Huxley had one more Hastings before the end of his shift, which went off without any hitches. Apart from a vommer on the leap, but he was used to that. He turned off the lights behind him, securing the lab and leaving the machines humming quietly. He chatted with Security Simon on the front desk for a few minutes before registering his Time Tours™ ID card with the drone stationed at the door, then stepping out into the night. The doors hissed shut behind him, slicing in half the drone’s monotone, ‘Goodnight, Mr. Len’.

The neon colours reflected mutely in the frozen puddles which beaded the kerb. Huxley stuffed his hands into his pockets, turned up his jacket to 26° and crossed the road to the 25 hour shop to pick up the things he’d promised Sara he would. Once outside, bag in hand, he lit a cigabetter before heading down the street toward the nearest chute stop.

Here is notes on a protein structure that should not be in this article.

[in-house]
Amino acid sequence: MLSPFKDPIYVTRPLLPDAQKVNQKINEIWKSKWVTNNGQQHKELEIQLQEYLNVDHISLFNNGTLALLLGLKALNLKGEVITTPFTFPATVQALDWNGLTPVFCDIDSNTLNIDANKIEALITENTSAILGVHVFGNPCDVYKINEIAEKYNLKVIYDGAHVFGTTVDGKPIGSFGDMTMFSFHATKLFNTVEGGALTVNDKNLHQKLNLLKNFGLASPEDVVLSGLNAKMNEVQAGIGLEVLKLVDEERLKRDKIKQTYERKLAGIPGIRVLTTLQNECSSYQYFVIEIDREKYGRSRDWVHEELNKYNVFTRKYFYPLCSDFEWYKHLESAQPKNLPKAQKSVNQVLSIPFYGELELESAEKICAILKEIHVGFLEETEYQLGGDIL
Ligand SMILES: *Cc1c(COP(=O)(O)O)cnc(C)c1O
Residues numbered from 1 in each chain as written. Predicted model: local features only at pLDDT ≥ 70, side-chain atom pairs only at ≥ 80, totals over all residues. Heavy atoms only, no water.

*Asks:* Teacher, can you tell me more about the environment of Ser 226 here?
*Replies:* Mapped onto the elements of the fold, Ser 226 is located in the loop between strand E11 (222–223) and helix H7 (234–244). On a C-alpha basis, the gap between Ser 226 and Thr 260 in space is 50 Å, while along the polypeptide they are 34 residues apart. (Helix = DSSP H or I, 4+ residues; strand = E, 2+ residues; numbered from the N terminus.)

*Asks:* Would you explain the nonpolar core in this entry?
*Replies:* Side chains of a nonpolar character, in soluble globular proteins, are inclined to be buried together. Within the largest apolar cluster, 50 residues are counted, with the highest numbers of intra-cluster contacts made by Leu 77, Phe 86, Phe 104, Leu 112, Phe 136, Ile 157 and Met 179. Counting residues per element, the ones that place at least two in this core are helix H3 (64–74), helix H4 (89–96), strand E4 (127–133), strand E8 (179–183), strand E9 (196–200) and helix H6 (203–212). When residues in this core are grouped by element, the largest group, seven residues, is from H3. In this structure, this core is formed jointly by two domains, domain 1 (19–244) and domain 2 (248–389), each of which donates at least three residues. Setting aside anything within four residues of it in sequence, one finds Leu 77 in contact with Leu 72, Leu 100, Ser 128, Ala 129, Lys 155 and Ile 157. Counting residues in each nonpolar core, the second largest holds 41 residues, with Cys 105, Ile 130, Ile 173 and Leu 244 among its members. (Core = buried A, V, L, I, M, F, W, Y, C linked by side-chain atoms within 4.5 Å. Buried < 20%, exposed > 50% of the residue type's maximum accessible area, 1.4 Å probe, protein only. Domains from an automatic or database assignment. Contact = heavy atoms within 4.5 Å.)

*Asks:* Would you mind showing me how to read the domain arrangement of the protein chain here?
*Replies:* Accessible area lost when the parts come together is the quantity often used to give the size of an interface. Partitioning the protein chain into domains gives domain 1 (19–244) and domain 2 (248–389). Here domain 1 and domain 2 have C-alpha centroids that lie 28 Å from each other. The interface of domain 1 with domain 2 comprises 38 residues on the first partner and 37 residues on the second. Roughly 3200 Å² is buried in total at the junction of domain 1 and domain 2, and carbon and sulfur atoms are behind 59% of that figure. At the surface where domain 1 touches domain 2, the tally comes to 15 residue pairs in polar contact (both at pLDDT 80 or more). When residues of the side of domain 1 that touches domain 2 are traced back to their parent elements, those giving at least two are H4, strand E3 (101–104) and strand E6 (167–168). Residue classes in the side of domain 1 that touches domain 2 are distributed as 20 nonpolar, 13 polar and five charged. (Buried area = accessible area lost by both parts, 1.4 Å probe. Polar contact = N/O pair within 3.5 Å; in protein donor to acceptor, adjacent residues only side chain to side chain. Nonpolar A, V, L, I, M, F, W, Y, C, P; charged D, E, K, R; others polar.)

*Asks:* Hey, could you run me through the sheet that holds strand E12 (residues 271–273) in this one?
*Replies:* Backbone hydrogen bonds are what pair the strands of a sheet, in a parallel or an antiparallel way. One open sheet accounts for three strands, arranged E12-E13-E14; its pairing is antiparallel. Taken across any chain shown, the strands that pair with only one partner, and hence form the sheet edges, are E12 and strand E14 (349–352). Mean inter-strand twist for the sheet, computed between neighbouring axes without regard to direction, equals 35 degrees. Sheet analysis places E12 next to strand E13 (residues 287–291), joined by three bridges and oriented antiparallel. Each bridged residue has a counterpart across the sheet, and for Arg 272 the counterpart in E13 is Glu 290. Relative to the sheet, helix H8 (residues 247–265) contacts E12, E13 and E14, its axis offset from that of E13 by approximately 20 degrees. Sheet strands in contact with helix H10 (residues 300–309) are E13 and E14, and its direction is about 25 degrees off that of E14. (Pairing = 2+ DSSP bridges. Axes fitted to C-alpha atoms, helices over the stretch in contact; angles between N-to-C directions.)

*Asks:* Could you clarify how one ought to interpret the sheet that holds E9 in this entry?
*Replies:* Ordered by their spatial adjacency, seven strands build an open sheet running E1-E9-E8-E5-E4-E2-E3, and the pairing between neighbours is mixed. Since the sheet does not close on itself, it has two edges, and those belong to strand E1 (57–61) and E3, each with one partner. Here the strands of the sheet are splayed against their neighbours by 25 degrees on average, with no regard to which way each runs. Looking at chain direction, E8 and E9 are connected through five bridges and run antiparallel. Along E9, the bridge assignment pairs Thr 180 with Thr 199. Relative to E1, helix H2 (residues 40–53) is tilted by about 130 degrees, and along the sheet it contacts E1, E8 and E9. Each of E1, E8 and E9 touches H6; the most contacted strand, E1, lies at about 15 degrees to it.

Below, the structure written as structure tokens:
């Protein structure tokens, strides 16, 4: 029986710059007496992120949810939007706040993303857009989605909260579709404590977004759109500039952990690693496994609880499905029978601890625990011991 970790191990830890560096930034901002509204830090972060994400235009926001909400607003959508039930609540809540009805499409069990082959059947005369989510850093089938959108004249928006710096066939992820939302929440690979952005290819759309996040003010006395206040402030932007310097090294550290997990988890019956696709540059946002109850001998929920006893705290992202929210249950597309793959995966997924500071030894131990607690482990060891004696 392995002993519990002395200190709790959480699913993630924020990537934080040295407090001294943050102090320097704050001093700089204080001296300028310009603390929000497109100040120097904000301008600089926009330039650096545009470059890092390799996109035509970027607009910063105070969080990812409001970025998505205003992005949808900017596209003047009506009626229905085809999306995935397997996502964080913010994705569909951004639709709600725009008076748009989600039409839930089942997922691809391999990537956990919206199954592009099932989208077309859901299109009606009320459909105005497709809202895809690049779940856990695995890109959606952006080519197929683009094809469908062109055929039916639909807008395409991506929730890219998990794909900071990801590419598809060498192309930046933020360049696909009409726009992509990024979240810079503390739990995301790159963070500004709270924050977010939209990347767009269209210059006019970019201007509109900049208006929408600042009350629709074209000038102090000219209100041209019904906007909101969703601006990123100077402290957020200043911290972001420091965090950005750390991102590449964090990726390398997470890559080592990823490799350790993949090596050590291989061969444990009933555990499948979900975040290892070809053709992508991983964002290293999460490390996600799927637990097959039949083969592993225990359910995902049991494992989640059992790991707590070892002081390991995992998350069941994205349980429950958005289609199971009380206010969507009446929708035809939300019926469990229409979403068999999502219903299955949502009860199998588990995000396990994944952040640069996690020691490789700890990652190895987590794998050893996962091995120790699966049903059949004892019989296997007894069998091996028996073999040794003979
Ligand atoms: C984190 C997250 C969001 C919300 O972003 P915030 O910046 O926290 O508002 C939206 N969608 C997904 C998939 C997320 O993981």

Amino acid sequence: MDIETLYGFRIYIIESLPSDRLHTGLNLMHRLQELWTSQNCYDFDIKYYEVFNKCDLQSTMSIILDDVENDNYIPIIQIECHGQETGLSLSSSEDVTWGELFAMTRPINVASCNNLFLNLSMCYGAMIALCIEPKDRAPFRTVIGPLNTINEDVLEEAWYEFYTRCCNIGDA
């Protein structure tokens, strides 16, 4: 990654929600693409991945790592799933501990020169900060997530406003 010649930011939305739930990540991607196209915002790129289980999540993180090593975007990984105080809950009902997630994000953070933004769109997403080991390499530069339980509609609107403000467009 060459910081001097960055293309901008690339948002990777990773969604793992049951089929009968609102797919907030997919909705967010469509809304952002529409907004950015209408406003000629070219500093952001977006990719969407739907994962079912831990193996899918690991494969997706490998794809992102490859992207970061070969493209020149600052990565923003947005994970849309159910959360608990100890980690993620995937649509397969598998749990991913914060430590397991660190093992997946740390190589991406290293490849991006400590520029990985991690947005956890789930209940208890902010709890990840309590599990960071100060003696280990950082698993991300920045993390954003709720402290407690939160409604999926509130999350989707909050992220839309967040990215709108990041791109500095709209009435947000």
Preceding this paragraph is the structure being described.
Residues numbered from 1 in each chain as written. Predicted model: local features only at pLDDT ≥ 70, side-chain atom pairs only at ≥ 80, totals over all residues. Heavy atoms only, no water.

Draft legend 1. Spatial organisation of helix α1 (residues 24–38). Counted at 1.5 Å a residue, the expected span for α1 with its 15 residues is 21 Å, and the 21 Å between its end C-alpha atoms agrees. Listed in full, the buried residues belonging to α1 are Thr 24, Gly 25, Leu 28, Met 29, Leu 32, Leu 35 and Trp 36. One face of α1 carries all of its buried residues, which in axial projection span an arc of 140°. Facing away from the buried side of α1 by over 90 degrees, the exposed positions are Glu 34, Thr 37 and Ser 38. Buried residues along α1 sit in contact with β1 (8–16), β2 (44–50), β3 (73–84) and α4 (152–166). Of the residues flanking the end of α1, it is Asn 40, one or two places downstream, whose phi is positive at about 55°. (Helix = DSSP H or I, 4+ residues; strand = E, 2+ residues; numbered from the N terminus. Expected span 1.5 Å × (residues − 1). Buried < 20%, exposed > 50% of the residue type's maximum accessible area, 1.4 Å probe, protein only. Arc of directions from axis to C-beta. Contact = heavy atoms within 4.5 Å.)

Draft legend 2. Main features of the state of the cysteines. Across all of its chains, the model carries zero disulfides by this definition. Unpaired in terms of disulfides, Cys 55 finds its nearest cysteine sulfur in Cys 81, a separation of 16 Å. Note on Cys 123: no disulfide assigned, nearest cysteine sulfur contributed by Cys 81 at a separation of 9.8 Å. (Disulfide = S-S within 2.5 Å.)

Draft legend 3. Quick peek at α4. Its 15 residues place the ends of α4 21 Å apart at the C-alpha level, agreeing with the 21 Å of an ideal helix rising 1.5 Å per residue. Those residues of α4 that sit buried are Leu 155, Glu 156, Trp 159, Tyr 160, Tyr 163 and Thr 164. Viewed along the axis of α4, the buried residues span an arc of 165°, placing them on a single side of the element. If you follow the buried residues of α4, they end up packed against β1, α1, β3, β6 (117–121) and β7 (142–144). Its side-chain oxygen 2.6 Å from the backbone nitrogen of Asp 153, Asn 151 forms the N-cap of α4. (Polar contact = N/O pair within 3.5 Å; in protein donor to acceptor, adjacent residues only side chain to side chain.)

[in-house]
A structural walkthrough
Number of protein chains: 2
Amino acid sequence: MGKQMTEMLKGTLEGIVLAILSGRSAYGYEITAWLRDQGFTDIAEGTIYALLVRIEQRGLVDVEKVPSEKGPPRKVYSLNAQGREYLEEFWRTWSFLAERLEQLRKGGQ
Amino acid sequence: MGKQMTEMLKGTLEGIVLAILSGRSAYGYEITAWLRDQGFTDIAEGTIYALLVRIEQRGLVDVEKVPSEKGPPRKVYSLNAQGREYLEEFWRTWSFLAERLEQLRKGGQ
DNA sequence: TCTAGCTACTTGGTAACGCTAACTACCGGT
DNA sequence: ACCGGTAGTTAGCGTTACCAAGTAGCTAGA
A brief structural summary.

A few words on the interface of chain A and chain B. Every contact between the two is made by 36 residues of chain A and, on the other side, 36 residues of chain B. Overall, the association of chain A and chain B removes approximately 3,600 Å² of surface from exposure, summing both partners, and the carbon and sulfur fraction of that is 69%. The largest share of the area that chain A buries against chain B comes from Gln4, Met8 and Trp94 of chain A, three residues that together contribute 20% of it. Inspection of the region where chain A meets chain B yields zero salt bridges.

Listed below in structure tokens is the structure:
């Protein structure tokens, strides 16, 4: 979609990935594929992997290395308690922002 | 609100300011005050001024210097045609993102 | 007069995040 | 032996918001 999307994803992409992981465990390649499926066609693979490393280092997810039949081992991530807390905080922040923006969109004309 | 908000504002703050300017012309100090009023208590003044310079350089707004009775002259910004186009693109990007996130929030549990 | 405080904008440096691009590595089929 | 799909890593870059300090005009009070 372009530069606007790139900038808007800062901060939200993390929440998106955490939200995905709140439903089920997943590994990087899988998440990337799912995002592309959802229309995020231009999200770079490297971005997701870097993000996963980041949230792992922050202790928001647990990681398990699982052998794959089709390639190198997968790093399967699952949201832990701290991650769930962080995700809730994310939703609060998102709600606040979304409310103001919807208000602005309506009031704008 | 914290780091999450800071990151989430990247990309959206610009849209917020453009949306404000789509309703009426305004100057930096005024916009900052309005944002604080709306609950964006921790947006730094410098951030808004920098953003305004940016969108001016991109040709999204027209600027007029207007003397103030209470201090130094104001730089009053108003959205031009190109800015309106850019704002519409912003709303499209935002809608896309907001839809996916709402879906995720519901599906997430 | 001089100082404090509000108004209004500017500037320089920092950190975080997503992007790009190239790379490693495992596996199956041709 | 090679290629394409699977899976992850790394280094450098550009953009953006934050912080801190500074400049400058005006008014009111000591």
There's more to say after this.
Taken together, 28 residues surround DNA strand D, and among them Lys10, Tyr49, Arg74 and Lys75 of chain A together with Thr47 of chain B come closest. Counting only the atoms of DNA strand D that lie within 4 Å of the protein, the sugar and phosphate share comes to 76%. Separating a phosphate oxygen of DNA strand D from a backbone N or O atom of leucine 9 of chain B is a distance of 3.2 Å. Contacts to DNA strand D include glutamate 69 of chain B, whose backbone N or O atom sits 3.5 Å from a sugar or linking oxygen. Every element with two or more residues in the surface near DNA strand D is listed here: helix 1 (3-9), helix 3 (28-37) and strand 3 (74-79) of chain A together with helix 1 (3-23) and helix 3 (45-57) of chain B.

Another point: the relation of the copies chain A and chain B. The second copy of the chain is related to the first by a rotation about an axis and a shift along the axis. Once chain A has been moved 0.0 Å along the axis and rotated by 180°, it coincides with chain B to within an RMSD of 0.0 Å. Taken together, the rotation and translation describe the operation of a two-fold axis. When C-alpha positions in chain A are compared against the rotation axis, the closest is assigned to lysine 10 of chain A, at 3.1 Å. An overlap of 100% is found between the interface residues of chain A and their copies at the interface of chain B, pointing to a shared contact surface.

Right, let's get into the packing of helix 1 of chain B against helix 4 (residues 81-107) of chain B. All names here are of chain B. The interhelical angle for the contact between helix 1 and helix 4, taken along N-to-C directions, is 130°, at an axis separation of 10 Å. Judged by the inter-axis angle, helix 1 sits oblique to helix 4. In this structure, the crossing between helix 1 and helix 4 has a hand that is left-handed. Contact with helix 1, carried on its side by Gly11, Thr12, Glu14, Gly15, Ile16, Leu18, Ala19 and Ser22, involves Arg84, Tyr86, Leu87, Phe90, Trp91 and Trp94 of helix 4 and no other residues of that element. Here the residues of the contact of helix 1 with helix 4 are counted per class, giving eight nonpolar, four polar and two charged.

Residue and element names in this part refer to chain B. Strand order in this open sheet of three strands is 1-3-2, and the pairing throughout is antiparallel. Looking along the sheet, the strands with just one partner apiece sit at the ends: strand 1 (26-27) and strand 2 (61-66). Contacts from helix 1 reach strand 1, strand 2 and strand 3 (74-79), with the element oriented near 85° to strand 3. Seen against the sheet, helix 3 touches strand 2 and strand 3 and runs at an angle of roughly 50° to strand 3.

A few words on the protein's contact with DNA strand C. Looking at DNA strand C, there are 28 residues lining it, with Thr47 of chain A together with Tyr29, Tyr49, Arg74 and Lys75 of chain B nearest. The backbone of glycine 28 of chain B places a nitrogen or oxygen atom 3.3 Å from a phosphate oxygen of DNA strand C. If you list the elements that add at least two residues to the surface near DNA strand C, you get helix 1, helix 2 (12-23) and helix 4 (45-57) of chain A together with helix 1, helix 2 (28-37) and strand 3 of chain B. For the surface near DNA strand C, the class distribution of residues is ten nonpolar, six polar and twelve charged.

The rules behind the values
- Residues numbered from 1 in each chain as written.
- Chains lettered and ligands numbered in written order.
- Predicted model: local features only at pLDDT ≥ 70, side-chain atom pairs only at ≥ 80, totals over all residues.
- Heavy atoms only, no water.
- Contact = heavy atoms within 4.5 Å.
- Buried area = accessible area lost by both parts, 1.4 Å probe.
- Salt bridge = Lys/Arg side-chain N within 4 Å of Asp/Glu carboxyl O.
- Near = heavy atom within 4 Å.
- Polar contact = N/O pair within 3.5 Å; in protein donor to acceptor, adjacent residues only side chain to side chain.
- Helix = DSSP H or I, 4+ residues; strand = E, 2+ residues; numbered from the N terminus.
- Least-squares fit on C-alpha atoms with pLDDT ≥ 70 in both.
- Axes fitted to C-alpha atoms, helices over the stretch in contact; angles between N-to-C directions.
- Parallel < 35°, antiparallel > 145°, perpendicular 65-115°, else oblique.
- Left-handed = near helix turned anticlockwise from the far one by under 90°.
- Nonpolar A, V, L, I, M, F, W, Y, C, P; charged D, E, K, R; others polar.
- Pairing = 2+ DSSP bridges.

“Good evening sir or madam, what is your destination?”

“Huxley Len, 00624039, Home.”

“Very well, Mr Len.”

The chute veered off towards the Len residence. Huxley used the down time to think about ways to improve his tour sales. Kristeva had been going on at him about the low uptake numbers on the World War packages, previously their biggest. The problem with history, as he had explained, was that it didn’t change. There was only so many times you could go on a tour before you wanted to see something else. The World Wars had been popular at the beginning but now customers were becoming more eclectic, they wanted to see the collapse of the Berlin Wall, the first man on the moon, Beethoven live, the eruption of Krakatoa.